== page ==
Company: Quick-Fill Mobile Oxygen, Inc.
Subject: CGMP for Finished Pharmaceuticals/Adulterated
Issuer: New Orleans District Office
Issued: Dec. 8, 2006 Closed:
Not applicable.
Source ucm076202 Archive Code:

Quick-Fill Mobile Oxygen, Inc. 08-Dec-06

Department of Health and Human Services

Public Health Service
Food and Drug Administration

New Orleans District
404 BNA Drive
Building 200, Suite 500
Nashville, TN 37217
Telephone: (615) 366-7801
FAX: (615) 366-7802

December 8, 2006



Mr. Timothy G. Ditmore, Owner
Quick-Fill Mobile Oxygen Inc.
10521 River Road
Gulfport, Mississippi 39503

Dear Mr. Ditmore:

On August 14, 15, and 18, 2006, a U.S. Food and Drug Administration (FDA) investigator inspected your manufacturing facility, Compressed Oxygen, USP, located at 1685 Gause Boulevard Suite 1246, Slidell, Louisiana. Medical gases, such as Compressed Oxygen, USP, are drug products as defined by 21 United States Code (USC) 321(g), Section 201(g) of the Federal Food, Drug, and Cosmetic Act (the Act). Our inspection found significant violations of the Current Good Manufacturing Practice (CGMP) regulations for drug products, set forth in Title 21, Code of Federal Regulations , (21 CFR), Parts 210 and 211. These violations cause your Compressed Oxygen, USP product to be adulterated within the meaning of 21 USC 3 51(a)(2)(B), Section 501(a)(2)(B) of the Act, as the methods used in, or the facilities or controls used for, the manufacturing, processing, packing, storage or holding of your product do not comply with CGMP regulations.

The CGMP violations include, but are not limited to, the following:

1. Failure to routinely calibrate, inspect, or check automatic, mechanical, or electronic equipment according to a written program designed to assure proper performance [21 CFR 211.68(a)]. Specifically, your cryogenic pumping system lacks qualification according to a written plan to assure all parts of the system, including the pump, power supply, electric components, vacuum hold and cryogenic jacket, will operate properly for their intended use every time [see Form 483 (483) Observation 1].

2. Failure to establish adequate written procedures for production and process control designed to assure drug products have the identity, strength, quality and purity they purport or are represented to possess [21 CFR 211.100(a)]. Specifically, your firm's "Quality Assurance Program" (QAP) manual, on page 108, allows for the use of "oil free" air, or ambient air applied by a squeeze bulb, to repressurize empty, returned cylinders in order to conduct the prefill odor test. Your firm has not demonstrated this procedure is equally effective at preventing the introduction of external contaminants into the cylinders as the FDA recommended procedure of using only medical grade gases for this purpose.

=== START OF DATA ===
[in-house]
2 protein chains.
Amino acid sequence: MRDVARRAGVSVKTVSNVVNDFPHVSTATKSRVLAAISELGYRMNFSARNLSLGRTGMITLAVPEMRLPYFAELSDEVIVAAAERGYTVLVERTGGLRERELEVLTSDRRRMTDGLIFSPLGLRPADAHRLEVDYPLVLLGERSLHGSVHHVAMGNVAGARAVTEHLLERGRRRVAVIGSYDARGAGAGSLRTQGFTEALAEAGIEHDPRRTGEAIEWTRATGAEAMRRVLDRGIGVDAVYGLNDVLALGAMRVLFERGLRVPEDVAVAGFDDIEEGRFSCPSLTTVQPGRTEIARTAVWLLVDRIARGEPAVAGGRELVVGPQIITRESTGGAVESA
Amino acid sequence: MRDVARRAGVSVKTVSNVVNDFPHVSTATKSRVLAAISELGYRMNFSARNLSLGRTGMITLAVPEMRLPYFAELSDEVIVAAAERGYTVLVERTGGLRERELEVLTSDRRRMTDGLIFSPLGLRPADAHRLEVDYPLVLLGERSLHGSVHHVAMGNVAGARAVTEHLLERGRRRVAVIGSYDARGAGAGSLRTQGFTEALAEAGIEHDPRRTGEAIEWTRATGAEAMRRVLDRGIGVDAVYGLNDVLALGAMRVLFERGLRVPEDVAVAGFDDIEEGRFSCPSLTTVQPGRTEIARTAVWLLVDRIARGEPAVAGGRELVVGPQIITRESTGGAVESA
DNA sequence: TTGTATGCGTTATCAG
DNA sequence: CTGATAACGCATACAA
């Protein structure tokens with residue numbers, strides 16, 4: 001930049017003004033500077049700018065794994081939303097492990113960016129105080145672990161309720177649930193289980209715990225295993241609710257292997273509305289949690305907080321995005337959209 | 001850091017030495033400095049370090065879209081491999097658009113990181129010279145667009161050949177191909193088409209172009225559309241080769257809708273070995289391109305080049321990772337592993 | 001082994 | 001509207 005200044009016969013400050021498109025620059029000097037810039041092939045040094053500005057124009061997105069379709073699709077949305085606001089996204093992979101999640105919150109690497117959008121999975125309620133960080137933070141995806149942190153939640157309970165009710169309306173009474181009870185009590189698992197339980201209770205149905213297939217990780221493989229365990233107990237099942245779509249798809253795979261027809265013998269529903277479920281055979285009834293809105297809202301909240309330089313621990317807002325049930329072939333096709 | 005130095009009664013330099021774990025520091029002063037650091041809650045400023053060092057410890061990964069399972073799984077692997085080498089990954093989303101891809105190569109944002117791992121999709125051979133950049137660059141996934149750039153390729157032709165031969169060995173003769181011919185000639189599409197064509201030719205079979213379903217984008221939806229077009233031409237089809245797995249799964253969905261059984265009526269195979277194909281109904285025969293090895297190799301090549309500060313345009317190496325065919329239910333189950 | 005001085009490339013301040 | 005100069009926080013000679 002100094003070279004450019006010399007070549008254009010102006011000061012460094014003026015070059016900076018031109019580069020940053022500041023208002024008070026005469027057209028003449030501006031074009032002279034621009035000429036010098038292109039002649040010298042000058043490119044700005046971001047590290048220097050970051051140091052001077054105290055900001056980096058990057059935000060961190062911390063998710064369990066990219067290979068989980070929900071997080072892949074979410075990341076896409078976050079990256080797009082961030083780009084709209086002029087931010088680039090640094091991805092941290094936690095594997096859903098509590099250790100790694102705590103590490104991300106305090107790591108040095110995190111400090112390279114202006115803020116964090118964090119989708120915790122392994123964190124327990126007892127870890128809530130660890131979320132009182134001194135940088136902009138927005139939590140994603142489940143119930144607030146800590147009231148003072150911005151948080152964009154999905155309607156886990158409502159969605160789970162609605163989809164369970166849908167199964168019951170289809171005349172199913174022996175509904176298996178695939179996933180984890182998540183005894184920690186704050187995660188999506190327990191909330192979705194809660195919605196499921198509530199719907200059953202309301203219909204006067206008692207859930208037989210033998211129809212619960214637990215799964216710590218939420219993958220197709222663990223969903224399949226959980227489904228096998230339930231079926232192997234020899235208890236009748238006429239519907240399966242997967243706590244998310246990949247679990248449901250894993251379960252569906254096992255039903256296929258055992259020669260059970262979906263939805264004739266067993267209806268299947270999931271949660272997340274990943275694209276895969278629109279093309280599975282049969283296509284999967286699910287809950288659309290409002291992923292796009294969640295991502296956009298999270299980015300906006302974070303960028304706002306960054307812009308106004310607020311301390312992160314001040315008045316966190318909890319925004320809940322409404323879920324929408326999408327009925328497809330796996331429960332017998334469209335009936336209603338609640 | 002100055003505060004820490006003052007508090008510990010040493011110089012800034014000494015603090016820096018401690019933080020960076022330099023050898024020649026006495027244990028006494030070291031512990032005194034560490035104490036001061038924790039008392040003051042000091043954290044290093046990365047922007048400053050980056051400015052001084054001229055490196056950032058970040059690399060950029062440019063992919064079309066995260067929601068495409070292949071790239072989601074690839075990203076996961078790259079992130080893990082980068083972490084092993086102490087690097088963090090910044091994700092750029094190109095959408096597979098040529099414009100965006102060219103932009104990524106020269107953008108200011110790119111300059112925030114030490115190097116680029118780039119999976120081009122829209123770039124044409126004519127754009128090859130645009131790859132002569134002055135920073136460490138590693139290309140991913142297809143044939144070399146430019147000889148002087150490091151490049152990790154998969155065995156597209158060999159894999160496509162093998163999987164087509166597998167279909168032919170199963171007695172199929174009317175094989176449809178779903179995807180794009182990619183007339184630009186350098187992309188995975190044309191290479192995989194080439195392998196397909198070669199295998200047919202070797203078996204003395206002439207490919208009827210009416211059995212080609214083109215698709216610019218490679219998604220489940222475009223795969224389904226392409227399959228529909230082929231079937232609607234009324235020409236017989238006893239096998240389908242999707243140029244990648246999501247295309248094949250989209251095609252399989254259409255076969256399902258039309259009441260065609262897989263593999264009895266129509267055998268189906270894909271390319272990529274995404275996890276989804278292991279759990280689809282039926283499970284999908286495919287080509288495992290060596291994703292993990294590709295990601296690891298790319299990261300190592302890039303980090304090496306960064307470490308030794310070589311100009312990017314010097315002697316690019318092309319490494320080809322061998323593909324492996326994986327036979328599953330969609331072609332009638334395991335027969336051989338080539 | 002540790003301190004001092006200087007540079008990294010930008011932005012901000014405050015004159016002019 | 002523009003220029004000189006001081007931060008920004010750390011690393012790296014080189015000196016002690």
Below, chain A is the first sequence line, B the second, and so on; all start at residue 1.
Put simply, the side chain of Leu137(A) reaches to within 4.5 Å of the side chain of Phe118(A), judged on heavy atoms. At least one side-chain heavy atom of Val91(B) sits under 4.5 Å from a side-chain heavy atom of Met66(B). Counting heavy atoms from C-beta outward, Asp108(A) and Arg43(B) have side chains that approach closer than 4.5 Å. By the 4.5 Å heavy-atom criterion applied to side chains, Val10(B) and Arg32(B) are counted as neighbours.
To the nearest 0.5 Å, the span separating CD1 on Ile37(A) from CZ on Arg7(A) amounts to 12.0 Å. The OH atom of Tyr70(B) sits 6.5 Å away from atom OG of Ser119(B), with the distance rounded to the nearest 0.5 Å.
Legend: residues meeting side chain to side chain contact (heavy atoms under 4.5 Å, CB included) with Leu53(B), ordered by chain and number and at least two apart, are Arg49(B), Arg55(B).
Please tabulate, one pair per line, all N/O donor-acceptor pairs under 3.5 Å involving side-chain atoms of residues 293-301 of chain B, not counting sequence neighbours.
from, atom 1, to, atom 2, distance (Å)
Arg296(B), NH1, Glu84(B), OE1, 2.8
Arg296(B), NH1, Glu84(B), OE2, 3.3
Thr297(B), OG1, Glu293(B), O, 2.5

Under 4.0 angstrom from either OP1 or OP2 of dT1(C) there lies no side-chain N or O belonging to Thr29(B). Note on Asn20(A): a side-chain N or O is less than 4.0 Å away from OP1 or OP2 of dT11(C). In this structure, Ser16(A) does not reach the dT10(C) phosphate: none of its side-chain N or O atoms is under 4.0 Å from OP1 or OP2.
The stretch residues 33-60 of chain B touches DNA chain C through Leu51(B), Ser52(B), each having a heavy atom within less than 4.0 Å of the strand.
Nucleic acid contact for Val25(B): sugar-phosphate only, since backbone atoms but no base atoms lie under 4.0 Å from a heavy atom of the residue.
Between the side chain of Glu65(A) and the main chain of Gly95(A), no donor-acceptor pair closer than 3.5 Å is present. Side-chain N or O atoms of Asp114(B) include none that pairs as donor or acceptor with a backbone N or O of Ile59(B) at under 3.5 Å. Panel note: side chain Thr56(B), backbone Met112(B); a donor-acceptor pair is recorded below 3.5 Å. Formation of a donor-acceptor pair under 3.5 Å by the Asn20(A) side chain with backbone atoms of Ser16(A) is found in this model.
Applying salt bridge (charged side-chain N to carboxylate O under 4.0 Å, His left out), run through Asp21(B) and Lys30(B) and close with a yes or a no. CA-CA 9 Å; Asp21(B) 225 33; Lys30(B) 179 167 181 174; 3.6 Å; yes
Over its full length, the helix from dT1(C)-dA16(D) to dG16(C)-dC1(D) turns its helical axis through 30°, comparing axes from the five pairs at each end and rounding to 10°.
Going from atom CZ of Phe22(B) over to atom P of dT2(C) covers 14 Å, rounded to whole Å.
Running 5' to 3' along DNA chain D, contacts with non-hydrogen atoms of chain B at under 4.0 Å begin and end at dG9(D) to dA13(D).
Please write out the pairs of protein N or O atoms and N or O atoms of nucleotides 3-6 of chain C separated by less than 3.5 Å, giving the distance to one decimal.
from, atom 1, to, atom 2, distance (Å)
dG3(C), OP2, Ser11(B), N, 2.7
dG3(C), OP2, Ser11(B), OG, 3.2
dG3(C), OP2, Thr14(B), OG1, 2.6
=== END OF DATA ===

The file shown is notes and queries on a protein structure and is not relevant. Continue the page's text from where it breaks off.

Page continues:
3. Failure to establish an adequate quality control unit having the responsibility and authority to approve or reject all drug products, and the authority to review production records to assure no errors have occurred or, if errors have occurred, they have been fully investigated, as required by 21 CFR 211.22(a). Specifically :

  • Review of batch production records for Oxygen USP by personnel with quality control unit authority failed to detect errors and omissions, constituting violations of 21 CFR 211.188, in the records for [redacted] lots out of [redacted] (483 Observations 3, 6c, 6d); and, [redacted]

  • Quality control unit personnel failed to perform an investigation into the failure of the filling equipment to fully pressurize the cylinders during a filling operation, in violation of 21 CFR 211.192.

4. Failure to maintain complete records of the periodic calibration of laboratory instruments required by 21 CFR 211.160(b)(4) and 211.194(d). Specifically, calibration records for the [redacted] oxygen analyzer on six Oxygen USP Packaging Control Records are incomplete (see 483 Observation 3).